Thursday, December 7, 2023

Global disruption and proxy wars lie ahead, says top analyst

Neal Wallace
Countries ‘will have to choose sides’ in US-China economic battles.
Change is coming, warns Jan Lambregts, Rabobank’s head of global economics and markets. Photo:Rabobank Australia
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The world is entering a phase of disruption and geopolitical pressures that could lead to a new world order.

So says Jan Lambregts, Rabobank’s head of global economics and markets in the UK.

He said the world is a very different place to what it was a few years ago and some of those changes could be permanent.

He gave a list of his 10 global macro-economic trends, ranking artificial intelligence, crypto and the current global power struggle, which could re-order the world, at 10, nine and eight respectively.

In addition to the Ukraine-Russia conflict, he said there is a proxy economic war underway between the United States and China that could potentially define the 2020s.

“Everyone will have to choose sides.”

That includes New Zealand, whose biggest trading partner is China.

An ageing population and tight labour markets are two further trends that, when combined with the new world order, will require new global industrial policies, Lambregts said.

Those policies need to reflect greater resilience, national security and protections, and encourage more protection for the environment.

“We will need a new plan as the world is reordered.”

He said there is a demographic surge in Africa and the Middle East but a collapse in OECD countries and China,  which will impact geopolitics.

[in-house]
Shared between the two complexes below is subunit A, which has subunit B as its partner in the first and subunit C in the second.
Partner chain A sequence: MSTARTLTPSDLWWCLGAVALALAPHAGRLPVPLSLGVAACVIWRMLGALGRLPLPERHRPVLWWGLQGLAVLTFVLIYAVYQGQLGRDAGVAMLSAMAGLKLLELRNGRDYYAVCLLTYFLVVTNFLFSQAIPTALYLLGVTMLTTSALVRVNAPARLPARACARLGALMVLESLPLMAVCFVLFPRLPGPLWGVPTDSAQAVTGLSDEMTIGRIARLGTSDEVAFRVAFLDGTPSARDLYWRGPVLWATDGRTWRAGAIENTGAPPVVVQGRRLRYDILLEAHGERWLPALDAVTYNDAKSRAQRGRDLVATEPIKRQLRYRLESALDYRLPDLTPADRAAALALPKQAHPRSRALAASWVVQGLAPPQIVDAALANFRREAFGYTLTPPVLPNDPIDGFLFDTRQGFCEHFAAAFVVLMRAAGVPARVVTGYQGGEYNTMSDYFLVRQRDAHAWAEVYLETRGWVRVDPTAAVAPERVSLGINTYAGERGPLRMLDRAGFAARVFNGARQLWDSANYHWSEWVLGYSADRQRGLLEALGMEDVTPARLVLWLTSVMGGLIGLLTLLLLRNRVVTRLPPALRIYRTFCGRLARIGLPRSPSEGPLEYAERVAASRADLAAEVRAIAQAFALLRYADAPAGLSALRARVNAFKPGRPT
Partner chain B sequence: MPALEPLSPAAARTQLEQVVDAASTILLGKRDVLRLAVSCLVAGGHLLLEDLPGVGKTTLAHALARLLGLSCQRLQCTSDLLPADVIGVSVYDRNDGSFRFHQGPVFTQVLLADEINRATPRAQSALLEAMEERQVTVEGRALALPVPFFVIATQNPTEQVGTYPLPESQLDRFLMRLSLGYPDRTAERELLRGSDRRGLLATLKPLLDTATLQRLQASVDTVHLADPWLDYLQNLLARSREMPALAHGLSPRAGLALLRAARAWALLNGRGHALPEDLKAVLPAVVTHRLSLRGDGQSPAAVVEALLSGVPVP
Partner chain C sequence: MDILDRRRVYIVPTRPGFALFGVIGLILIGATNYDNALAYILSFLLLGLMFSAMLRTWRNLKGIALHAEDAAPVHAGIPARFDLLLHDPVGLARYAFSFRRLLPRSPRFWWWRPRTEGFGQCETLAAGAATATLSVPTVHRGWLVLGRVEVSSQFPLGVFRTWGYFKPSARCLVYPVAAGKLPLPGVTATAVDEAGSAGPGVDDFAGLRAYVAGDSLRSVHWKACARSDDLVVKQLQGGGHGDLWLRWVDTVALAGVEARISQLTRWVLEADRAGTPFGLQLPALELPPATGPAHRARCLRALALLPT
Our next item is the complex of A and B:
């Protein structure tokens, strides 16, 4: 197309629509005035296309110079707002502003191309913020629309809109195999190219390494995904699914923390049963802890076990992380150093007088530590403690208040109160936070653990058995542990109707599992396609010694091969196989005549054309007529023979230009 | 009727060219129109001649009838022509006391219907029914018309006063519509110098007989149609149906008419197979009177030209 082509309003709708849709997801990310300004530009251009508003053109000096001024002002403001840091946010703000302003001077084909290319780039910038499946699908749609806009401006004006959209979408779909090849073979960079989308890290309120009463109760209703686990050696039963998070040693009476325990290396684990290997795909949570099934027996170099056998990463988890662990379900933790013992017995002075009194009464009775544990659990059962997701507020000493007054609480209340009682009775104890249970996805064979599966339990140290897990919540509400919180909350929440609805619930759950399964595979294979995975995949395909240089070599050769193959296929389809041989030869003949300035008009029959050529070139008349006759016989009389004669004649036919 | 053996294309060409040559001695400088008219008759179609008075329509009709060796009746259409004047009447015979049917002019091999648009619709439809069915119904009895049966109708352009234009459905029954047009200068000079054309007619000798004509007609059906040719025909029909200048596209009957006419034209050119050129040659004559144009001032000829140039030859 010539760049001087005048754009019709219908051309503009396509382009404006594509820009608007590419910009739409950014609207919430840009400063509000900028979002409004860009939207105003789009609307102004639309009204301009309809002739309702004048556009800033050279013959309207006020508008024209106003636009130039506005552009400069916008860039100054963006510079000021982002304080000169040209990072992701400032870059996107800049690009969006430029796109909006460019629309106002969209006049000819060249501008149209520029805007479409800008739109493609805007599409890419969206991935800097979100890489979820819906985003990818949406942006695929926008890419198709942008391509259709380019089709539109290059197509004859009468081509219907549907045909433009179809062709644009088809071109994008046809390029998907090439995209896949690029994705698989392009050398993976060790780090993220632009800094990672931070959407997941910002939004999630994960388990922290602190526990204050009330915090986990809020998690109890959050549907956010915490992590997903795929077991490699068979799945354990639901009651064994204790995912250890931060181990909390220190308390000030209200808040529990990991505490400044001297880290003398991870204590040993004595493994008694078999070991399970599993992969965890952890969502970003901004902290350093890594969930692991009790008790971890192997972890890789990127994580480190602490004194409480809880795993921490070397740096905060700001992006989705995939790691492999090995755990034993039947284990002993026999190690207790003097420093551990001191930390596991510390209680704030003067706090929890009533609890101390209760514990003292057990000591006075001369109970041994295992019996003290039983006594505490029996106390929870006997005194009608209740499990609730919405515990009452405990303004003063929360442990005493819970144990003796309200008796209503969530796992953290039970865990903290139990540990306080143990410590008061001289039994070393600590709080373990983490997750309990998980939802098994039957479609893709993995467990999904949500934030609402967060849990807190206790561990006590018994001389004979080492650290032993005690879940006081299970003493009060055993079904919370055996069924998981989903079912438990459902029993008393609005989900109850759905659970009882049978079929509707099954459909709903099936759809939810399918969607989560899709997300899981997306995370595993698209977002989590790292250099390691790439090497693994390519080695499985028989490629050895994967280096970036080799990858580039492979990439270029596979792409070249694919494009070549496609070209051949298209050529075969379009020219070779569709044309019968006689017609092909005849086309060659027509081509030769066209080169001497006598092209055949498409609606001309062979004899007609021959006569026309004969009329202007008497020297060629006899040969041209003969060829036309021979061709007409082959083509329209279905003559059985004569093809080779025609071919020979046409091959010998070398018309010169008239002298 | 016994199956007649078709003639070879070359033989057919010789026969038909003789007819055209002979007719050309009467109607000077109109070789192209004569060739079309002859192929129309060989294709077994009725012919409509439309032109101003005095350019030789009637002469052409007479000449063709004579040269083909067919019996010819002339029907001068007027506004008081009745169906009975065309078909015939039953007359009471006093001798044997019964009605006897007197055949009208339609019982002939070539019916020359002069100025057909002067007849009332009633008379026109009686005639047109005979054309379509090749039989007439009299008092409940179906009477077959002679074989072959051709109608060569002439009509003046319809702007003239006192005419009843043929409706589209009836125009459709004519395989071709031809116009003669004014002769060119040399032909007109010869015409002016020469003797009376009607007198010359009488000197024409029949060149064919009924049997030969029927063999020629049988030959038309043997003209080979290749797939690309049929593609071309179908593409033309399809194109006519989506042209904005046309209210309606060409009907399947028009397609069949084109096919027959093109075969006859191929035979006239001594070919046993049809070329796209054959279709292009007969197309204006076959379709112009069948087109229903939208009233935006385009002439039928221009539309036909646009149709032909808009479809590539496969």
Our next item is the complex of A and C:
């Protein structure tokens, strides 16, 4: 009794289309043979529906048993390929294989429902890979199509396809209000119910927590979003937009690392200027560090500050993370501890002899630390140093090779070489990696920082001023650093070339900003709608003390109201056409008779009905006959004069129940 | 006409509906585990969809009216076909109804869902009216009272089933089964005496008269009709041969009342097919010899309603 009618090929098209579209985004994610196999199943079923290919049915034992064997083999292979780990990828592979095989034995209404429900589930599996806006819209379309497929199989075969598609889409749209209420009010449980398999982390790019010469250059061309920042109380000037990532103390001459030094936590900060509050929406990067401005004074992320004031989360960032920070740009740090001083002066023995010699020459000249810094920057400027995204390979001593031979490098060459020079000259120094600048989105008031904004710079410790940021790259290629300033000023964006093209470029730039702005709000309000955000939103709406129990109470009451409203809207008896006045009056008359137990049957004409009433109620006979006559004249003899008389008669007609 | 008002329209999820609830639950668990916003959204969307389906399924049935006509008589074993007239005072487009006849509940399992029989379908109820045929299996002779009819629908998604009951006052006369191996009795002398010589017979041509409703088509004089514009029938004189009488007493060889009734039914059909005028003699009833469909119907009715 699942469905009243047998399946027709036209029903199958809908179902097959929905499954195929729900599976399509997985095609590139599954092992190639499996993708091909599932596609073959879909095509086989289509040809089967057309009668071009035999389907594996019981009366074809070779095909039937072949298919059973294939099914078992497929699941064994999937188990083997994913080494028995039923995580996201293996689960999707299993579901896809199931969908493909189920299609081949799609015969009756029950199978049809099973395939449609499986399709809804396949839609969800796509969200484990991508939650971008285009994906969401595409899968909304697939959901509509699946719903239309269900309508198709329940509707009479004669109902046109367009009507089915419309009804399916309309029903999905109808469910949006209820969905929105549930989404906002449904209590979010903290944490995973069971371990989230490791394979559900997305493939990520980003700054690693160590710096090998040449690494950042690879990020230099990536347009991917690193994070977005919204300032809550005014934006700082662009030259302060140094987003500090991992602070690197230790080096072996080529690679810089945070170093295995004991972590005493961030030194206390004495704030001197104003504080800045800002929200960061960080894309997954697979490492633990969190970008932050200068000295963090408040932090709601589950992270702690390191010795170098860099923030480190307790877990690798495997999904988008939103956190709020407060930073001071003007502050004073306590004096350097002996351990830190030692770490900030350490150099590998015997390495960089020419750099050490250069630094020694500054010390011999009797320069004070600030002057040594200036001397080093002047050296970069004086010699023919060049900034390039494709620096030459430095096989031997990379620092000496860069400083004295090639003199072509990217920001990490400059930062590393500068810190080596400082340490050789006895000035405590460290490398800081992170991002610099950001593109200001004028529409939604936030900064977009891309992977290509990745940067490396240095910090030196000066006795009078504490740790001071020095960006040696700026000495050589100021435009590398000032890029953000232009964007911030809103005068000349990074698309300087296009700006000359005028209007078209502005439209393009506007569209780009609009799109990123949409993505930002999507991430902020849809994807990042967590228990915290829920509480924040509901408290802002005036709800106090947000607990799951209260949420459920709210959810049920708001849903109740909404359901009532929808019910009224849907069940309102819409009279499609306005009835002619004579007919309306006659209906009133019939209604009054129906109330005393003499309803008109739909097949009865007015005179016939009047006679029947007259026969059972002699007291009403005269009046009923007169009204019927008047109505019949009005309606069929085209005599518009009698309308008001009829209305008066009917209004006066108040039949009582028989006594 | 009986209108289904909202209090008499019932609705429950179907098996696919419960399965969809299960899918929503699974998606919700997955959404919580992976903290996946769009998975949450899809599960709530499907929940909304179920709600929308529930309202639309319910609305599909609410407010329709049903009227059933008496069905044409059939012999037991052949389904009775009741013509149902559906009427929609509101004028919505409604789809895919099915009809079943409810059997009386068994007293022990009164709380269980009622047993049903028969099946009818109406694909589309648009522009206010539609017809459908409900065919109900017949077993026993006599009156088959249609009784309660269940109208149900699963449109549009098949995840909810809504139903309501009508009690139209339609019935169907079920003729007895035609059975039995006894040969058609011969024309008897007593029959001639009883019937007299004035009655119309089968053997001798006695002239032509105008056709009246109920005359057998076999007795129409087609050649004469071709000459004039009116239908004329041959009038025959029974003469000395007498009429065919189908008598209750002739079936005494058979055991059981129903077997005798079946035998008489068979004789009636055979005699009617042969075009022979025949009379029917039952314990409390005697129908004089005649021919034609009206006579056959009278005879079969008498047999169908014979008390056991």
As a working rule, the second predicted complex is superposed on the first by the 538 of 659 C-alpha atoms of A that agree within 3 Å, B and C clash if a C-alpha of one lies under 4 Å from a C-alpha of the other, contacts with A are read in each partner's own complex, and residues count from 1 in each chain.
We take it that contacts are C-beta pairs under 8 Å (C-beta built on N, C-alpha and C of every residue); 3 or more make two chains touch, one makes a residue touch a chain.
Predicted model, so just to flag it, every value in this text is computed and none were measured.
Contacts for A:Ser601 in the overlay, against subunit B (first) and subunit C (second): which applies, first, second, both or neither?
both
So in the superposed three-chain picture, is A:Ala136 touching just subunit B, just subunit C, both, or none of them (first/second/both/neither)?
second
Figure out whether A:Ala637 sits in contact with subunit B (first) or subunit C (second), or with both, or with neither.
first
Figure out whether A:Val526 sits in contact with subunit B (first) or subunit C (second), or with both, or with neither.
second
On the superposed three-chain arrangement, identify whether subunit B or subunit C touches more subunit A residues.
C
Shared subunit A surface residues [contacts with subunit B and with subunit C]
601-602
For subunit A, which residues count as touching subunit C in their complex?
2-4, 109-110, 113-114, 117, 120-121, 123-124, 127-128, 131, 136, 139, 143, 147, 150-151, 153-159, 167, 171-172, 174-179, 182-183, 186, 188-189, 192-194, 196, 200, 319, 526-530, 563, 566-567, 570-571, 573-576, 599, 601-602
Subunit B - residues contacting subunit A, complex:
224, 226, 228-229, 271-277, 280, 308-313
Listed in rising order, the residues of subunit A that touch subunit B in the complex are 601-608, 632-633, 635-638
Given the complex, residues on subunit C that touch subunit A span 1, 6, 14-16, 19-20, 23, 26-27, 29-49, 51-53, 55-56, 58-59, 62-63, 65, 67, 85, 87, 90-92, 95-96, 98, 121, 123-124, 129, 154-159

In 2000, birth rates in the US and Brazil averaged more than two children per woman. 

By 2020 they had dropped to less than 1.7. In China the birth rate has fallen over that period from 1.6 to almost 1.4.

Rising inflation and interest rates will be an issue for some time and he warned that, with the World Trade Organisation effectively side-lined, future global trade is going to look more like the past “and it won’t be a level playing field”.

His second top trend was “isms” and “who/what will be top of the populism?”

Lambregts said this trend will be reflected in countries choosing between local and global political and economic systems or where they settle on the spectrum from anarchism to imperialism.

Climate change was his No 1 trend, and he asked what this means for  investment in fossil fuels and green alternatives.

Nick Fereday, Rabobank’s executive director of food and consumer trends, added to that list, saying several years of global disruption have tested and altered supply chains.

While inflation and the soaring cost of living are significant, he said consumers are displaying brand loyalty and still buy their preferred items.

Global food companies are getting bigger and stronger but another trend is the increasing number of people working from home.

In the US, 5% of paid workdays were from home before covid. That figure now 30%.

The plant-based protein industry has stalled, with sales flat or declining, with “consumers … being asked to pay a premium for a product that has inferior taste and nutritional value”.

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